"At the start, there were seven of us, and we didn't have our own photo lab, but at the end of the war, there were 125 of us," Moore said. "We each work eight-hour shifts. It ran 24 hours a day. There was a constant flow of film running in and out."

War far from over

The battle for Iwo Jima was at the height of its fury on Feb. 23, 1945, as U.S. Marines attempted to extract 22,000 Japanese soldiers from the rocky, forsaken piece of land located 660 miles south of Tokyo. Control of the island was vital to both Americans and Japanese.

The war was still a long way from being over. It would be six months before two atomic bombs dropped on Hiroshima and Nagasaki would emphatically end the bloodbath in the Pacific.

But, in the meantime, Americans needed a morale boost. The German army had inflicted heavy casualties a month earlier in the Battle of the Bulge, and the Japanese army was resorting to suicide attacks and defensive tactics that tested the resolve of Allied soldiers.

That boost came in the form of Rosenthal's photo of American soldiers raising the flag on Mount Suribachi. However, it was actually the second flag raised on the mountain's summit that day. The first flag-raising occurred a couple of hours earlier at approximately 10:30 a.m. shortly after Marines had gained the top of the mountain after hard fighting.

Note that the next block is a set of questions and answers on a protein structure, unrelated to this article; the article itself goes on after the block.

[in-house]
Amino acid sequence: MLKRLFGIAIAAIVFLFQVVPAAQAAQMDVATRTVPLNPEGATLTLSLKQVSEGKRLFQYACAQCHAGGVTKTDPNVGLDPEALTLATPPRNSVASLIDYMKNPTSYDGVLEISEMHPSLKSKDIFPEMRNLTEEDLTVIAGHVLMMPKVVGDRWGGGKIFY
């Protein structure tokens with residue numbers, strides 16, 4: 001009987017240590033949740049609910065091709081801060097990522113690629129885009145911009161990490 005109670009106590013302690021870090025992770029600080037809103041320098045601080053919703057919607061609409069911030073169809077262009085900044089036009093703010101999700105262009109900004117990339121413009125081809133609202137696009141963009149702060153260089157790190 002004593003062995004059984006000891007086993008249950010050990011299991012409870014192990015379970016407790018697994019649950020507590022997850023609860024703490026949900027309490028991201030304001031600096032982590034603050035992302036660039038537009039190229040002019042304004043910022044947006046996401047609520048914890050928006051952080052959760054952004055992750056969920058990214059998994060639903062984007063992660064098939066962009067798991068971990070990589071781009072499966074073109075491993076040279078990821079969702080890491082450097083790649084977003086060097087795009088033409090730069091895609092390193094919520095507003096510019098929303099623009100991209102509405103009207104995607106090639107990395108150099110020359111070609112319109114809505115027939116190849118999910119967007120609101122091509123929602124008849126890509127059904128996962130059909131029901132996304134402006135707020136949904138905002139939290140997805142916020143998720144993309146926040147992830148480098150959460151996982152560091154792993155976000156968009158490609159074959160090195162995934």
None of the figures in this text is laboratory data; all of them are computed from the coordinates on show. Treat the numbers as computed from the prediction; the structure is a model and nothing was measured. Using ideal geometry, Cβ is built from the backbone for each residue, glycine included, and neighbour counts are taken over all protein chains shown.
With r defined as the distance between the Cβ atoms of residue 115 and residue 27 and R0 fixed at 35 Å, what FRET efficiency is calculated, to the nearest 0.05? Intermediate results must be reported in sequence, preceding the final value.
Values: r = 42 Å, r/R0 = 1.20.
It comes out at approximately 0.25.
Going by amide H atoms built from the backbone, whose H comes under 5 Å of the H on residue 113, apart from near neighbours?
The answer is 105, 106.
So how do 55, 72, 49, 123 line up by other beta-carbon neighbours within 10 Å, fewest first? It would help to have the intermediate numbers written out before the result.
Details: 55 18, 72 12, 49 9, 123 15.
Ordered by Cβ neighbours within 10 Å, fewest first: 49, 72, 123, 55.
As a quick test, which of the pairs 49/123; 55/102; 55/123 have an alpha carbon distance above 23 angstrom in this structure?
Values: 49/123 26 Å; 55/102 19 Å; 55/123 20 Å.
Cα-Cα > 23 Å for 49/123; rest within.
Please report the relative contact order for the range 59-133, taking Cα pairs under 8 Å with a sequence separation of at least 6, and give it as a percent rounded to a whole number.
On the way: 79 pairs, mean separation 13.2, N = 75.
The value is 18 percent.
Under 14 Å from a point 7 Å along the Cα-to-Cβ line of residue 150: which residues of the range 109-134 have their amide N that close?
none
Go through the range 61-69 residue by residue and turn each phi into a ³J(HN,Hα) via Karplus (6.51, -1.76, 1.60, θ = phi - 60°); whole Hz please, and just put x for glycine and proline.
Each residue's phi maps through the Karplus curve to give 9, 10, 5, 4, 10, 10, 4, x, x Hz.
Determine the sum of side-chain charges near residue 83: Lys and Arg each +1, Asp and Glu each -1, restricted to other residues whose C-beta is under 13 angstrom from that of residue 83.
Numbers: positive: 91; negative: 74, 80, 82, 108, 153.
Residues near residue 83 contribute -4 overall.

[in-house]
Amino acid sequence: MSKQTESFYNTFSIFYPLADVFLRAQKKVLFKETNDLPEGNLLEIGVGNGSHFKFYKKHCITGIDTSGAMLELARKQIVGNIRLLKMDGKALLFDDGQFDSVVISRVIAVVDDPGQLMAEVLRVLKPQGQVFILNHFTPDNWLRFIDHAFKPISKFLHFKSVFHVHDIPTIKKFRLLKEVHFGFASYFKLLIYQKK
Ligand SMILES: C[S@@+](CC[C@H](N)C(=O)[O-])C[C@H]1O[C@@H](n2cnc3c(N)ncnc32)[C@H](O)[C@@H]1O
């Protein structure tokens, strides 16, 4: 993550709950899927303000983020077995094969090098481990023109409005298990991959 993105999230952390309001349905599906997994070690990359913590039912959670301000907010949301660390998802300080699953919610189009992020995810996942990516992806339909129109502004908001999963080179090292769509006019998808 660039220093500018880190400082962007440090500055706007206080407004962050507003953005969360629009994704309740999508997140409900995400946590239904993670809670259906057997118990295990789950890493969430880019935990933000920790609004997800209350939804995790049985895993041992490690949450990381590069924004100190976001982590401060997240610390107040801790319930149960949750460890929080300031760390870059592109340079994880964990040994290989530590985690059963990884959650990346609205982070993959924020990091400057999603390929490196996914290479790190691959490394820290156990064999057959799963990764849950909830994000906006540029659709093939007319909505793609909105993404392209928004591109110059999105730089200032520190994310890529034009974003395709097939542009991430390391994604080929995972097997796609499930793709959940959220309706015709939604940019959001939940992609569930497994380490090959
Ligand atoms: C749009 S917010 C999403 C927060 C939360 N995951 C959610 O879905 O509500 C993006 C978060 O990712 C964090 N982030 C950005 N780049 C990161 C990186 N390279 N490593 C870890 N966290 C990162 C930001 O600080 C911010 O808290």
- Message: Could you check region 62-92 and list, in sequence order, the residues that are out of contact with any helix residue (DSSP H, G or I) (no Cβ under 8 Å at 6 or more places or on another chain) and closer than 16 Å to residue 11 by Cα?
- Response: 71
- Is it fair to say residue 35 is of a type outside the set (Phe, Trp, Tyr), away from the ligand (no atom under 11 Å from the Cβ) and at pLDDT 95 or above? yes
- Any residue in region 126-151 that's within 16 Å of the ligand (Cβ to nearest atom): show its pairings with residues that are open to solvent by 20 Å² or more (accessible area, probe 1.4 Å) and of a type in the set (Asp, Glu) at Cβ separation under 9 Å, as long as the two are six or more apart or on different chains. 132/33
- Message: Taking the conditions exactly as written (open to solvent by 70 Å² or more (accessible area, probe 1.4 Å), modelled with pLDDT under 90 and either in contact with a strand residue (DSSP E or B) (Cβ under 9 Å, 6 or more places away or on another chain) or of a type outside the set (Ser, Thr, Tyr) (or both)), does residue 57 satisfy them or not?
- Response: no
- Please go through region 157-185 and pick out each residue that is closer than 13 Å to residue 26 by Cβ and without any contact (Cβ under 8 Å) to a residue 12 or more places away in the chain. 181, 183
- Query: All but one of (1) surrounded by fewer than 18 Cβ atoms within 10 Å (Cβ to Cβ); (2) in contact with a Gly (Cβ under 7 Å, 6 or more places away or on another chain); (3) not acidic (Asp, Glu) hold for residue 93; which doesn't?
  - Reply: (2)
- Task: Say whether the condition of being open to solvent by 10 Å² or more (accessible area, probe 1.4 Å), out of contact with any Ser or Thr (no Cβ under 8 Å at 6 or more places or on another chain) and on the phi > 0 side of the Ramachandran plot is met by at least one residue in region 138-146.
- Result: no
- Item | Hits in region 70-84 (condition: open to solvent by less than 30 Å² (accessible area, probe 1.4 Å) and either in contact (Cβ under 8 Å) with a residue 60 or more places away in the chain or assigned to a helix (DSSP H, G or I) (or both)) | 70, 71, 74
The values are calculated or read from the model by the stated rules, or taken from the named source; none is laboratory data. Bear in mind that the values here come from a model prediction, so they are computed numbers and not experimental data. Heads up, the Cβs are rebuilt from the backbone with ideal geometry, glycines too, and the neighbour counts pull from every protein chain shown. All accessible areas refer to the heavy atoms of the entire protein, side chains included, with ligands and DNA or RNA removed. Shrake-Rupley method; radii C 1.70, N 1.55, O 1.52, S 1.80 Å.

The picture was taken by Marine Corps photographer Sgt. Lou Lowery, who captured the first flag-raising on film just as the enemy hurled a grenade in his direction. Lowery dodged the grenade and hurled his body over the edge of the crater and tumbled nearly 50 feet. His camera lens was shattered, but he and his film were safe.

Controversial photo

The first flag raised was deemed too small to be seen easily from the base of the mountain, so a second, larger flag was raised. Some argued led by noted journalist Jack Anderson the event was staged for the benefit of the camera. Rosenthal has explained repeatedly that it was not.

Anderson would later apologize, and he wrote a retraction.

"Nobody read that. (Rosenthal) has been fighting that for the last 50 years, and he'll probably fight it until he's in the grave," Moore said.

'One for all time'

The hoisting of the flag occurred in only four seconds. A mail plane took Rosenthal's film to Guam, where it passed through many hands before Moore developed it. Censors scrutinized it; and finally the 'pool' chief looked at each print to decide which was worth transmitting back to the United States.

AP photo editor John Bodkin reportedly picked up the print, looked at it, paused, shook his head in wonder, whistled and said, "Here's one for all time!"

"The film came in around 10 o'clock at night," Moore said. "We processed all of them, printed what we thought we wanted, the writers wrote the captions and pasted them on the photos. The commander took them to the airport, and (the planes) headed to the states at midnight."